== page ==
News & Commentaries

COPD as a Lung Stem Cell Disease

Stembook: COPD as a Lung Stem Cell Disease
Single Cell Cloning Tells the Story of Abnormal Cells

Houston, TX, USA – Two internationally renowned stem cell experts have found an abundance of abnormal stem cells in the lungs of patients who suffer from Chronic Obstructive Pulmonary Disease (COPD), a leading cause of death worldwide. Frank McKeon, professor of biology and biochemistry and director of the Stem Cell Center, and Wa Xian, research associate professor at the center, used single cell cloning of lung stem cells to make their discovery. Now they are targeting the cells for new therapeutics.

Hidden Messages in Protein Blueprints: New Mechanism for Regulating the Activity of Stem Cells Discovered

Stembook: Hidden messages in protein blueprints: New mechanism for regulating the activity of stem cells discovered

Heidelberg, Germany – Scientists from the German Cancer Research Center (DKFZ) and the Heidelberg Institute of Stem Cell Technology and Experimental Medicine (HI-STEM)* and the Max Planck Institute in Freiburg have identified a new control mechanism that enables stem cells to adapt their activity in emergency situations. For this purpose, the stem cells simultaneously modify the blueprints for hundreds of proteins encoded in the gene transcripts. In this way, they control the amount of protein produced and can also control the formation of certain proteinisoforms. If this mechanism is inactivated, stem cells lose their self-renewal potential and can no longer react adequately to danger signals or inflammation.

New In Vivo Priming Strategy To Train Stem Cells Can Enhance Cardiac Repair Effectiveness

STEMBOOK: New In Vivo Priming Strategy To Train Stem Cells Can Enhance Cardiac Repair Effectiveness

Kowloon Tong, Hong Kong – Human stem cells have been regarded as one of the promising cell sources for cardiac regeneration therapy. But their clinical use is hampered due to the poor performance after transplantation into failing hearts. Recently a stem cell biologist from City University of Hong Kong (CityU), together with his collaborators, has developed a novel strategy, called in vivo priming, to "train" the stem cells to stay strong after implantation to the damaged heart via the 3D-printed bandage-like patch. The positive results of the study show that an in vivo priming strategy can be an effective means to enhance cardiac repair.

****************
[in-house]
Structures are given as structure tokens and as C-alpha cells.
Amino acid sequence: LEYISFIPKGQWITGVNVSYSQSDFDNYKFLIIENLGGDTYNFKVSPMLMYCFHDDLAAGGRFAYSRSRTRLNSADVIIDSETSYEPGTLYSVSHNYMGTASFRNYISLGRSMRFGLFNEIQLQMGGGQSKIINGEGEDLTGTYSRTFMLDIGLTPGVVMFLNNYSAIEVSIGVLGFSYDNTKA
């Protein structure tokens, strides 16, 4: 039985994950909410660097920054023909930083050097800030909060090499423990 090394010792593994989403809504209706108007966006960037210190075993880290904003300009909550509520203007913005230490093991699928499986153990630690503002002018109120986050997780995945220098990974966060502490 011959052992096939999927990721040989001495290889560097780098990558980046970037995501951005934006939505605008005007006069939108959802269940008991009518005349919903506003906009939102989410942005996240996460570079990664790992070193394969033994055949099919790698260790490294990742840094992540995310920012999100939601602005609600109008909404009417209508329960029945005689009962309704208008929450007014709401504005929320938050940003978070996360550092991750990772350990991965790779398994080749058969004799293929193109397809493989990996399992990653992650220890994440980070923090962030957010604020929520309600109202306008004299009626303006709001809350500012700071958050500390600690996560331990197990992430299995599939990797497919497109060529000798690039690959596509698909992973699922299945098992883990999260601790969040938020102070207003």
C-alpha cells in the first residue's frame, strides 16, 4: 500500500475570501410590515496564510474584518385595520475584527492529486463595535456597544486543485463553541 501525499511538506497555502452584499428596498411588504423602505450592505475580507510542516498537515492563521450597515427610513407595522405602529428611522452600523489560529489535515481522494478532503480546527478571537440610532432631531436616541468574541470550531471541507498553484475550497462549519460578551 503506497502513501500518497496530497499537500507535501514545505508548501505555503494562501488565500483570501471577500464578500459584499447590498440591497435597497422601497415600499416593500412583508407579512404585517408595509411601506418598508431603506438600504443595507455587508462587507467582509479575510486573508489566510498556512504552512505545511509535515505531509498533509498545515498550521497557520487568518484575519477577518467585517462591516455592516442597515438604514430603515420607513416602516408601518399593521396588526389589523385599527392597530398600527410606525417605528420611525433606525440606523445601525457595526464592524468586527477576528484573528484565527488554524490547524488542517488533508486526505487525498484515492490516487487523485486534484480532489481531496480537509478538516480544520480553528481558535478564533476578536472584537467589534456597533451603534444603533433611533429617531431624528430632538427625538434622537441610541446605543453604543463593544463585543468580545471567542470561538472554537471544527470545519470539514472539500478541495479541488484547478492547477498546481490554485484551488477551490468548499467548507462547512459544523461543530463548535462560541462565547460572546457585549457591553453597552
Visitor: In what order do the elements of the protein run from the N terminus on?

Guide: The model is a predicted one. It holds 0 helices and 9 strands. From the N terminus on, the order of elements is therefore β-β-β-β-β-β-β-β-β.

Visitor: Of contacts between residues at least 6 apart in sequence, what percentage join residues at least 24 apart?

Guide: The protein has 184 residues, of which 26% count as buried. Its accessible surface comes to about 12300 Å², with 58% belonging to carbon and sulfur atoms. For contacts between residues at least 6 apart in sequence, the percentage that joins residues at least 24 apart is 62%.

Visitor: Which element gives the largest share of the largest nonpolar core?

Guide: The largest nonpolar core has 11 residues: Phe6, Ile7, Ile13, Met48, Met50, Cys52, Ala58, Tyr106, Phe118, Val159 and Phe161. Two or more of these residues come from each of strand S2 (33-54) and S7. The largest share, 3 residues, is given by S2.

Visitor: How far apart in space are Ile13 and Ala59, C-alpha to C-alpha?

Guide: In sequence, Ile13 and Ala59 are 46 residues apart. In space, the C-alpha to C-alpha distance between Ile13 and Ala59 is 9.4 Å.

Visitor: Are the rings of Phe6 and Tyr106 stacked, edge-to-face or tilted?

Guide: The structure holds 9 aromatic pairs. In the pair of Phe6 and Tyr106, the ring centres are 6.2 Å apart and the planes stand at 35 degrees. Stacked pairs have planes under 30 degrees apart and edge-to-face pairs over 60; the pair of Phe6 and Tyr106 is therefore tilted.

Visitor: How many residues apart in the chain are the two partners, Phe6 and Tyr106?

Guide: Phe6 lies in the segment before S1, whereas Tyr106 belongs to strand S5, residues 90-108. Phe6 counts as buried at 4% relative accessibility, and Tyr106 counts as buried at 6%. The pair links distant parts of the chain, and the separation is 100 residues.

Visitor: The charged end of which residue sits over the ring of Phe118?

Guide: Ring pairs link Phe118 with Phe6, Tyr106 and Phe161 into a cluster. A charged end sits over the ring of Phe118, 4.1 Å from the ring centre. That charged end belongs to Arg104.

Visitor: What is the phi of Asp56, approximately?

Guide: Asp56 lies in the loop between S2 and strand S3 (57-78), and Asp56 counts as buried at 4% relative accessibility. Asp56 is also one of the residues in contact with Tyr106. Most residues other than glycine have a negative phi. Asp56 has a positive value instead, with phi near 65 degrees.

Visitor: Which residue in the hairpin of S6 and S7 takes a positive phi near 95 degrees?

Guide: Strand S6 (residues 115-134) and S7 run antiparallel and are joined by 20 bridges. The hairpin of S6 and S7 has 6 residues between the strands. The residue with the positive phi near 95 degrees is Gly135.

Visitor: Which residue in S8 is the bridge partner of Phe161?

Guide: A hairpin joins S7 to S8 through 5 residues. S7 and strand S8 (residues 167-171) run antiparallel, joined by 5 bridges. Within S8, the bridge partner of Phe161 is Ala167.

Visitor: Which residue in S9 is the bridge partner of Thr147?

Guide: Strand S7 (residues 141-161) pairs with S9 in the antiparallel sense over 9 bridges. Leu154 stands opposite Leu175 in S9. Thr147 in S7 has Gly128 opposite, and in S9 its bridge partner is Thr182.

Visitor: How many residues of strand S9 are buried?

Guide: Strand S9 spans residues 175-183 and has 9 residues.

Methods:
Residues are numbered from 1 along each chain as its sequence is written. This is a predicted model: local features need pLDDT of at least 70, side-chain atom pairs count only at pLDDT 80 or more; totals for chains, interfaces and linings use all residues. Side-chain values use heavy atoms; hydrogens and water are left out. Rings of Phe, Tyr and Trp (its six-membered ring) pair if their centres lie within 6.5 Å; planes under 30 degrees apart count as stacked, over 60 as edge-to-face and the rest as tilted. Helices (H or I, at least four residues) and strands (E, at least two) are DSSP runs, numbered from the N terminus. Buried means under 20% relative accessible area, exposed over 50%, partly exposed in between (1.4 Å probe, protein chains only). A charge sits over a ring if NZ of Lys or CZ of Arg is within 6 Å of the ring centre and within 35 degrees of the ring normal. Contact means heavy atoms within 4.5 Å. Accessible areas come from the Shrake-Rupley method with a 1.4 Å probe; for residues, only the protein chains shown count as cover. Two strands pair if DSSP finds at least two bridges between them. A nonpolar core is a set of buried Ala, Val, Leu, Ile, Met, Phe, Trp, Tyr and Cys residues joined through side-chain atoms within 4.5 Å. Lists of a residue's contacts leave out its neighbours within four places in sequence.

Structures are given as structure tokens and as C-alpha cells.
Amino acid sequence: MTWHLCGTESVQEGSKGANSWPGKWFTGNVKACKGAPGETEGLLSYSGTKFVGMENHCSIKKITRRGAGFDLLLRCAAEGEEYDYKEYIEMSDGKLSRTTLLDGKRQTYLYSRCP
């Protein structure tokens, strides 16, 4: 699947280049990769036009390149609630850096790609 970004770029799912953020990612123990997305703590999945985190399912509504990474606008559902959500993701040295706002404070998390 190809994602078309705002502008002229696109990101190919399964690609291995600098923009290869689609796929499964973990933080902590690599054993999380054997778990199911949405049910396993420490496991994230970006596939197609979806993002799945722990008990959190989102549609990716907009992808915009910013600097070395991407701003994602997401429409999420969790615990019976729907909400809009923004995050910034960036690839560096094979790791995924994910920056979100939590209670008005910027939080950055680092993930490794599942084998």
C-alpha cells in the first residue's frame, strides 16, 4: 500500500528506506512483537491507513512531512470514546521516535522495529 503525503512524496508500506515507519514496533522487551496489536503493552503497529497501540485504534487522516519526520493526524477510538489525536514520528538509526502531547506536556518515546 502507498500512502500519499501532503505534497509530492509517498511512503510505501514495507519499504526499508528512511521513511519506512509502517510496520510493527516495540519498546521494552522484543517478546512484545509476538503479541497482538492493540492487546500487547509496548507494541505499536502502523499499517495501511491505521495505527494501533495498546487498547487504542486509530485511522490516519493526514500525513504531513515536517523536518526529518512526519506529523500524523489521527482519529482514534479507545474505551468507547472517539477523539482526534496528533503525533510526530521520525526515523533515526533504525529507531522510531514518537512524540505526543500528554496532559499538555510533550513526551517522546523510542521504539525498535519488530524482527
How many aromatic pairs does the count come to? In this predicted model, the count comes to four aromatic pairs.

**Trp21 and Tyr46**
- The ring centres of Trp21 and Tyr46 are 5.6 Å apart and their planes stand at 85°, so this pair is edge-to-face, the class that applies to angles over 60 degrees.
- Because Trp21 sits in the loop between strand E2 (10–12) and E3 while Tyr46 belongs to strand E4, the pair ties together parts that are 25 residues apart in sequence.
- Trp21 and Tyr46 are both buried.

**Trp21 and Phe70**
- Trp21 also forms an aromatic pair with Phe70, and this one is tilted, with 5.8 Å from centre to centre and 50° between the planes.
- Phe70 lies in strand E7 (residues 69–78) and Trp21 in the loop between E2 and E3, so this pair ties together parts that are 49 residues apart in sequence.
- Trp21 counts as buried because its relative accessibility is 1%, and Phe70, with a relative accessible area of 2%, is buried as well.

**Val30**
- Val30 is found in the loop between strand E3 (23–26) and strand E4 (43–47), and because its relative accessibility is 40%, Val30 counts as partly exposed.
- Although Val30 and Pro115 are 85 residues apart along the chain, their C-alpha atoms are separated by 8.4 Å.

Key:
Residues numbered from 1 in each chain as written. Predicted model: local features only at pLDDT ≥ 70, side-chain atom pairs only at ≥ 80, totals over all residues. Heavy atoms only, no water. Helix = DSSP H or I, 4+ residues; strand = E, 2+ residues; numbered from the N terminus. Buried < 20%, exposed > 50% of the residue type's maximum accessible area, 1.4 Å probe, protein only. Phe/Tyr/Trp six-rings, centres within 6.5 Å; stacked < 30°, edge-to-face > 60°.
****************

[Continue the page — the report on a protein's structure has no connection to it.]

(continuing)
Stem Cells and Nerves Interact in Tissue Regeneration and Cancer Progression

Stembook: Stem Cells and Nerves Interact in Tissue Regeneration and Cancer Progression

Zurich, Switzerland – Researchers at the University of Zurich show that different stem cell populations are innervated in distinct ways. Innervation may therefore be crucial for proper tissue regeneration. They also demonstrate that cancer stem cells likewise establish contacts with nerves. Targeting tumor innervation could thus lead to new cancer therapies. The research was published in FASEB

New UCI-Led Study Reveals How Skin Cells Prepare To Heal Wounds

STEMBOOK: New UCI-Led Study Reveals How Skin Cells Prepare To Heal Wounds
Discovery could lead to better understanding of poor wound healing in diabetic patients.

Irvine, CA, USA – A team of University of California, Irvine researchers have published the first comprehensive overview of the major changes that occur in mammalian skin cells as they prepare to heal wounds. Results from the study provide a blueprint for future investigation into pathological conditions associated with poor wound healing, such as in diabetic patients.

New Technique ‘Prints’ Cells to Create Diverse Biological Environments

Stembok: New Technique ‘Prints’ Cells to Create Diverse Biological Environments

Berkely, CA, USA – Like humans, cells are easily influenced by peer pressure. Take a neural stem cell in the brain: Whether this cell remains a stem cell or differentiates into a fully formed brain cell is ultimately determined by a complex set of molecular messages the cell receives from countless neighbors. Understanding these messages is key for scientists hoping to harness these stem cells to treat neurological conditions like Alzheimer’s or Parkinson’s.

A Newly Discovered Memory In Our Bones: Blood Stem Cells Boost Immunity By Keeping A Record Of Previous Infections

Stembook: A Newly Discovered Memory In Our Bones: Blood Stem Cells Boost Immunity By Keeping A Record Of Previous Infections

Dresden, Germany – A Franco-German research team led by Prof. Michael Sieweke, from the Center for Regenerative Therapies TU Dresden (CRTD) and the Center of Immunology of Marseille Luminy (CNRS, INSERM, Aix-Marseille University), today uncovered a surprising property of blood stem cells: not only do they ensure the continuous renewal of blood cells and contribute to the immune response triggered by an infection, but they can also remember previous infectious encounters to drive a more rapid and more efficient immune response in the future. These findings should have a significant impact on future vaccination strategies and pave the way for new treatments of an underperforming or over-reacting immune system. The results of this research are published in Cell Stem Cell on March 12, 2020.

University of Minnesota First to Prove New Method to Grow Human Blood Vessels

Stembook: University of Minnesota First to Prove New Method to Grow Human Blood Vessels

Minneapolis, MN, USA – A team of researchers at the University of Minnesota Medical School recently proved the ability to grow human-derived blood vessels in a pig—a novel approach that has the potential for providing unlimited human vessels for transplant purposes. Because these vessels were made with patient-derived skin cells, they are less likely to be rejected by the recipient, helping patients potentially avoid the need for life-long, anti-rejection drugs.

Pages